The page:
Thanks to Lisa Matthews, Coordinator at Right to Remain for this review.
In her latest book Impoverishment and Asylum. Social Policy as Slow Violence (Routledge, 2020), Lucy Mayblin addressed a subject that will be familiar to many readers of this blog but sets it within an innovative analytic framework.
The focus of Mayblin’s book is the systematic impoverishment of people seeking asylum in the UK, and she approaches the topic through the lens of “slow violence”. This concept, developed by Rob Nixon in the context of environmentalism, describes violence that may be invisible, taking place behind closed doors, dispersed, slow to become apparent (in contrast to the immediate and often visceral violence of, for example, detention and deportation).
The book looks at how people seeking asylum lost access to the right to work and mainstream benefits in the early 2000s because of social policy shaped by an obsession with (unproven) economic “pull factors”, and a racial turn in how people seeking asylum are perceived. Mayblin points out that there was little concern for the motivation (economic, political) for the movement of refugees during the Cold War. But in 1990s and 2000s there was clearly anxiety about the “dark-skinned” people seeking sanctuary in the UK, who were racialised as unbelonging and undeserving.
An important aspect of this analysis is Mayblin’s situating of the policy within a “colonial present”, in which colonial histories can (to use Ann Stoler’s phrase) “yield new damages and renewed disparities”.
Immigration control can be seen as a form of the “regional containment” described by E. Tendayi Achiume – keeping out those deemed unmodern and backward, people from countries occupied by Europe, positioned by colonial logic as representing Europe’s “opposite”, its “past”.
Mayblin also adopts Achille Mbembe’s useful framework of “necropolitics” – individuals targeted by the sovereign power because their existence is seen as detrimental to the wider population. Rather than active killing as punishment, necropolitics (a development of Foucault’s biopolitics where the state works to enable life) is about letting people die. Applied to the state and people seeking asylum, this can be seen as the state fulfilling their legal obligations to an absolute minimum by providing mininal support – people being “kept alive but in a state of injury”. The deprivation of the right to work also creates a relationship of dependency on the state, facilitating monitoring and control.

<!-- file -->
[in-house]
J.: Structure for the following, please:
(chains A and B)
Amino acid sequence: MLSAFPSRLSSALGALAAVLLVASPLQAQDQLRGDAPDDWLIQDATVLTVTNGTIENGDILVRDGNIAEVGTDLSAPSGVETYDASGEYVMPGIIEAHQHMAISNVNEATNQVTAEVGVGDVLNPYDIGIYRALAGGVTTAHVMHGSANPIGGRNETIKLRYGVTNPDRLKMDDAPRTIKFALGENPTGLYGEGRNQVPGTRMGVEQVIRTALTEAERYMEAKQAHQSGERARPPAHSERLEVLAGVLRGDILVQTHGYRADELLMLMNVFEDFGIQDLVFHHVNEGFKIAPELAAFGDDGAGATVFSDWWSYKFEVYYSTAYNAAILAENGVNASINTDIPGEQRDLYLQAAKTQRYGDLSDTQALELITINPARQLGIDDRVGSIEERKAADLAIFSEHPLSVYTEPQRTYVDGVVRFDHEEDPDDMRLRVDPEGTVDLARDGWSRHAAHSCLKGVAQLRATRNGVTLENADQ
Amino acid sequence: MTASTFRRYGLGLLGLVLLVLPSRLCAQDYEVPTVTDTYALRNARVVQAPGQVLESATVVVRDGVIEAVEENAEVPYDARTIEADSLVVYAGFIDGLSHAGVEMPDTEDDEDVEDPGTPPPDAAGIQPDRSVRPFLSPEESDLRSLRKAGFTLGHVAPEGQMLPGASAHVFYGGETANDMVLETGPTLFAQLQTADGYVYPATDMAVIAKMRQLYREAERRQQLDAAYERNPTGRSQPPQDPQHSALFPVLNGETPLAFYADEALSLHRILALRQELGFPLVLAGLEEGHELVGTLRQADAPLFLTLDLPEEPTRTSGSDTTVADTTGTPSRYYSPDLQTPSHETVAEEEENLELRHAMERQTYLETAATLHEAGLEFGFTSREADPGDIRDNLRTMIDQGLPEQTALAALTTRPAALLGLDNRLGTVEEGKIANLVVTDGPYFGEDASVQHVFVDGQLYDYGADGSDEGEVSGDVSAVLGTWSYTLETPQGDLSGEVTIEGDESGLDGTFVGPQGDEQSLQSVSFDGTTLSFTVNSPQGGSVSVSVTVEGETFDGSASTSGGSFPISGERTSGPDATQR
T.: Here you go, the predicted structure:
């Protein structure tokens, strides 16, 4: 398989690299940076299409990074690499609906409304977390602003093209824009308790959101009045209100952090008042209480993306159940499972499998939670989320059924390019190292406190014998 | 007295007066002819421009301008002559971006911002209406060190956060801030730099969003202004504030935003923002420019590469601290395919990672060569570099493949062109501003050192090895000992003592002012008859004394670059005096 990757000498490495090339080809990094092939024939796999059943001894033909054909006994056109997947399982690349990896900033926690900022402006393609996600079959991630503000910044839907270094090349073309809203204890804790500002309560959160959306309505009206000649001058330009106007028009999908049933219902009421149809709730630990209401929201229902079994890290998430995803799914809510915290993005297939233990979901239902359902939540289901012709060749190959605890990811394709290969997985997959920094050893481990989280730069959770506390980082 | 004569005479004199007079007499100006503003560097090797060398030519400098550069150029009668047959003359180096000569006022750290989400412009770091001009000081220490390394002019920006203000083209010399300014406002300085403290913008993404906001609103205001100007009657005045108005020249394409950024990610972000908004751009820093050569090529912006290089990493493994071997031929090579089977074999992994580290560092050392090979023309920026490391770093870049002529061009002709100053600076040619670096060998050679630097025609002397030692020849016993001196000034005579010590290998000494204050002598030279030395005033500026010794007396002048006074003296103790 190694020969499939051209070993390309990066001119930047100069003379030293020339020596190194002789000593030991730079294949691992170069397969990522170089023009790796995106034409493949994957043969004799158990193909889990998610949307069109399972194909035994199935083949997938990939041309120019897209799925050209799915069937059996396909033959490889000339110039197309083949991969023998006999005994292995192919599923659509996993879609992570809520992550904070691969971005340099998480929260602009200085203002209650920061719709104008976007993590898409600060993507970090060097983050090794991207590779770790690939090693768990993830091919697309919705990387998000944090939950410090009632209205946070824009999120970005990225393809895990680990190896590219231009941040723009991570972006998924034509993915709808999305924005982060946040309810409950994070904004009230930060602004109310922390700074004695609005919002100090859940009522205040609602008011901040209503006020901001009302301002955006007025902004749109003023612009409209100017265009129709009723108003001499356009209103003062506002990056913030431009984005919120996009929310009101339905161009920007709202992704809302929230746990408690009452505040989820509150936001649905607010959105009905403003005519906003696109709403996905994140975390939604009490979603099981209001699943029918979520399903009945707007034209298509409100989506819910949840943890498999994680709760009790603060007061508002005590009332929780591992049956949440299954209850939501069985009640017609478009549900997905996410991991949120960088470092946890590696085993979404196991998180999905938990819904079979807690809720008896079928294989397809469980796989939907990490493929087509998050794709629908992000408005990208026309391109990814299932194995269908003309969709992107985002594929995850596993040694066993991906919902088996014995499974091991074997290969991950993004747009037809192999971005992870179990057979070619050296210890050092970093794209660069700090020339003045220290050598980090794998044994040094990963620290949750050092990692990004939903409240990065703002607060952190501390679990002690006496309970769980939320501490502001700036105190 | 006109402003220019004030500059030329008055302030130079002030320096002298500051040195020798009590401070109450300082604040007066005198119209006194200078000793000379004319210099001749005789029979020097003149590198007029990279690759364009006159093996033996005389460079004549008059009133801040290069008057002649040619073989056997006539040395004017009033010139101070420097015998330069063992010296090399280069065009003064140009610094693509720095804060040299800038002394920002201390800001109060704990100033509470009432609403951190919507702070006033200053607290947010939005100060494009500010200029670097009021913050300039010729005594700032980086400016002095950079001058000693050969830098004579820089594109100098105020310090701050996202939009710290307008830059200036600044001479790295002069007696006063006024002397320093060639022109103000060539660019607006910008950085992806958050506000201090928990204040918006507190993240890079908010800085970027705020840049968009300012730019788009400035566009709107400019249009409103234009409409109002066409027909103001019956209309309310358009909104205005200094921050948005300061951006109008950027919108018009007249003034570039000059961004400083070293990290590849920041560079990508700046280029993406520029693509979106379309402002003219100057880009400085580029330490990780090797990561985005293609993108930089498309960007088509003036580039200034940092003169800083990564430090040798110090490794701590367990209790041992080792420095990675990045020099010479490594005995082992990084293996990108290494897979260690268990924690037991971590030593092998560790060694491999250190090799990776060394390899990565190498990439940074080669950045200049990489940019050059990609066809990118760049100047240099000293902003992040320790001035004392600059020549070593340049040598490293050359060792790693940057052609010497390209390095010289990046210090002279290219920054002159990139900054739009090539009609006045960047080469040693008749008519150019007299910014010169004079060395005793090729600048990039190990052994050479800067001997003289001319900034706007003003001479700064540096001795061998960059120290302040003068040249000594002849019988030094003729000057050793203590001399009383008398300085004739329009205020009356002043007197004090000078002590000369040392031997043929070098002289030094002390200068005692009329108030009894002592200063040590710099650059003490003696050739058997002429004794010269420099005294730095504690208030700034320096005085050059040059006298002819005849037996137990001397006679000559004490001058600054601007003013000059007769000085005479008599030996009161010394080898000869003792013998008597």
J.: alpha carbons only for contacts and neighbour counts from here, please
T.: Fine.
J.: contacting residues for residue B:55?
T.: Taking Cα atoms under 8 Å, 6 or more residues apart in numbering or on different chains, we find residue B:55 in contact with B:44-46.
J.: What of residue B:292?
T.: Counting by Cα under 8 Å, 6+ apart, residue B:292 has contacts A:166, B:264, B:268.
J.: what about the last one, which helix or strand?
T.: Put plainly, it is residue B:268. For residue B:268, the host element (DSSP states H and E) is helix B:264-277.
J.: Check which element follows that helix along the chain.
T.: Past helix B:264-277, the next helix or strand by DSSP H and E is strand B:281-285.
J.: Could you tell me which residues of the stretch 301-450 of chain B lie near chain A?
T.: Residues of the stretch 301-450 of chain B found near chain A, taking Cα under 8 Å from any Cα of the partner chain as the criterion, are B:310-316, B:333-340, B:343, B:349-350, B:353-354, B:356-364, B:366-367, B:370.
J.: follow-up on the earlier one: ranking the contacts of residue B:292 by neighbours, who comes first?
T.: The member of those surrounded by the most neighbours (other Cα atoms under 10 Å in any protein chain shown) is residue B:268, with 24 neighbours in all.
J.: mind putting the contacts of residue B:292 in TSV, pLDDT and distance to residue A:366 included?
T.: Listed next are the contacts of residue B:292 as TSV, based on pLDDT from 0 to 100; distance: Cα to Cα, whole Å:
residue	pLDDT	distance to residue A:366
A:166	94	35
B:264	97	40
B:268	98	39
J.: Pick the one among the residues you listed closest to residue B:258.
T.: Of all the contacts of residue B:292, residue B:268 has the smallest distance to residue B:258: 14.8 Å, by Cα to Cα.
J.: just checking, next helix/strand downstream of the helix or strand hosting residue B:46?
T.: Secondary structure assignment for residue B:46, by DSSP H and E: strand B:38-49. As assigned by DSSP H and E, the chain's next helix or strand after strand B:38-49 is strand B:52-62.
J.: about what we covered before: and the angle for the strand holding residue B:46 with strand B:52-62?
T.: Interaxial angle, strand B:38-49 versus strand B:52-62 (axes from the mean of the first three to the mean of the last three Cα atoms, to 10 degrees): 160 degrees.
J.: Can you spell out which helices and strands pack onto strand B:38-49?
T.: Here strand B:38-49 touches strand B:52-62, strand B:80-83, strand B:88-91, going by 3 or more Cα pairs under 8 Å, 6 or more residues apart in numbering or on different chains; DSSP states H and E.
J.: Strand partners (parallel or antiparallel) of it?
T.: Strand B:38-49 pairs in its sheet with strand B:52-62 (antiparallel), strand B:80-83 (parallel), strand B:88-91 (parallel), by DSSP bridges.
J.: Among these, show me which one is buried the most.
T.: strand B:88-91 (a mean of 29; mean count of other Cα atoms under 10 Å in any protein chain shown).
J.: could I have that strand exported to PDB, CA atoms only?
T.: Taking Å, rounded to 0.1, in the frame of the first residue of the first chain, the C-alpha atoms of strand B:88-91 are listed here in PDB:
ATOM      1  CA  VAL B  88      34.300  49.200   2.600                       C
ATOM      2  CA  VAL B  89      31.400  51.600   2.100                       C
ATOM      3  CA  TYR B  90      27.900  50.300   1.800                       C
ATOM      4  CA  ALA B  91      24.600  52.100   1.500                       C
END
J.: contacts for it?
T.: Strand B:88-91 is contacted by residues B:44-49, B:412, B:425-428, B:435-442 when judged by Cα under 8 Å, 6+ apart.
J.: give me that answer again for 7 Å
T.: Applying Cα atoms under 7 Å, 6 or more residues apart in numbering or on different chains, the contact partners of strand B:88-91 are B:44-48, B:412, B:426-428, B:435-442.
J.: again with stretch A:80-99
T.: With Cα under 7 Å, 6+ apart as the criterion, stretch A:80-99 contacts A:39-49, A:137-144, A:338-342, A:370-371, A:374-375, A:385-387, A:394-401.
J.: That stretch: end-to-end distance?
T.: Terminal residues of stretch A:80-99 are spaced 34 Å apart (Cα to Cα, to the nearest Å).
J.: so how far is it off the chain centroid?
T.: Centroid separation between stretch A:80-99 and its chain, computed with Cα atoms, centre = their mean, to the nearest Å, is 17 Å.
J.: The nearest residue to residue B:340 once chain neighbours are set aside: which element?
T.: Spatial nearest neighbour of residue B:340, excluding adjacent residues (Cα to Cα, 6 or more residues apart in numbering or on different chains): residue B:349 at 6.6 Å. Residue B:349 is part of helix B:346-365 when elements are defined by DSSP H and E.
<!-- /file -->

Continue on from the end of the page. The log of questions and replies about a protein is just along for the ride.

The book considers the production of slow violence by the state, and how this is possible because of dehumanisation of people seeking asylum, mobilising a “moral distance” that is akin to colonial imaginaries. Mayblin then looks at the civil society organisations ameliorating social violence through provision of humanitarian assistance, at a cost of at least £33.4 million a year. She also nods to the tension created when NGOs fill the survival gap created by social policy – providing often vital support, but at the same potentially maintaining the status quo.
Then the book, to this non-academic reader, really comes alive in the chapter that focuses on the experience of slow violence: poverty in the asylum process due to unbearably low levels of asylum financial support. There’s a great subsection on the interview methodology and the harm reduction method utilised in the research process.
This chapter (co-produced with Mustafa Wake, Mohsen Kazemi and a researcher who chose not to be named) uncovers the internalised shame and sense of worthlessness many interviewees felt as a result of deliberate impoverishment by the state. People felt shock at what their everyday lives had become and grief for their previous everyday normality.
One interviewee said: “I feel like I am inferior to people. You feel like you don’t even look good enough like normal people. You can’t even able to buy and wear clothes with this money. It is ruining my life, has put black points in my life, and really hurts my feelings so much.”
Another used the striking phrase, “I feel I am embargoing myself”.
People spoke of the social death experienced as a result of the policy of enforced destitution. They felt deprived of identity due to the lack of food, with its social and cultural meaning: “I feel I am not Kuwaiti as having Kuwaiti food is becoming a dream”.
The chapter also shares (time-consuming and knowledge-dependent) consumer survival strategies as a form of resistance: maybe going to three different supermarkets to get the best price, maybe pooling resources to do shared, cheaper meals. The desire to maintain one’s physical appearance is also cited as a method of active resistance to the dehumanising loss of control over body, health and appearance to the state.
I would personally have liked to see more weaving of the theoretical concepts (necropolitics, the colonial present etc) into the chapters on producing, ameliorating and experiencing social violence but for the last chapter in particular, I sensed that Mayblin didn’t want analysis to speak over the direct testimony. But even for someone who is (indirectly) very familiar with the subject matter of impoverishment in the asylum process, the analysis added to my understanding and the interview excerpts were extremely powerful. I will certainly be taking a look at Mayblin’s previous book Asylum after Empire for more historicising of the current system.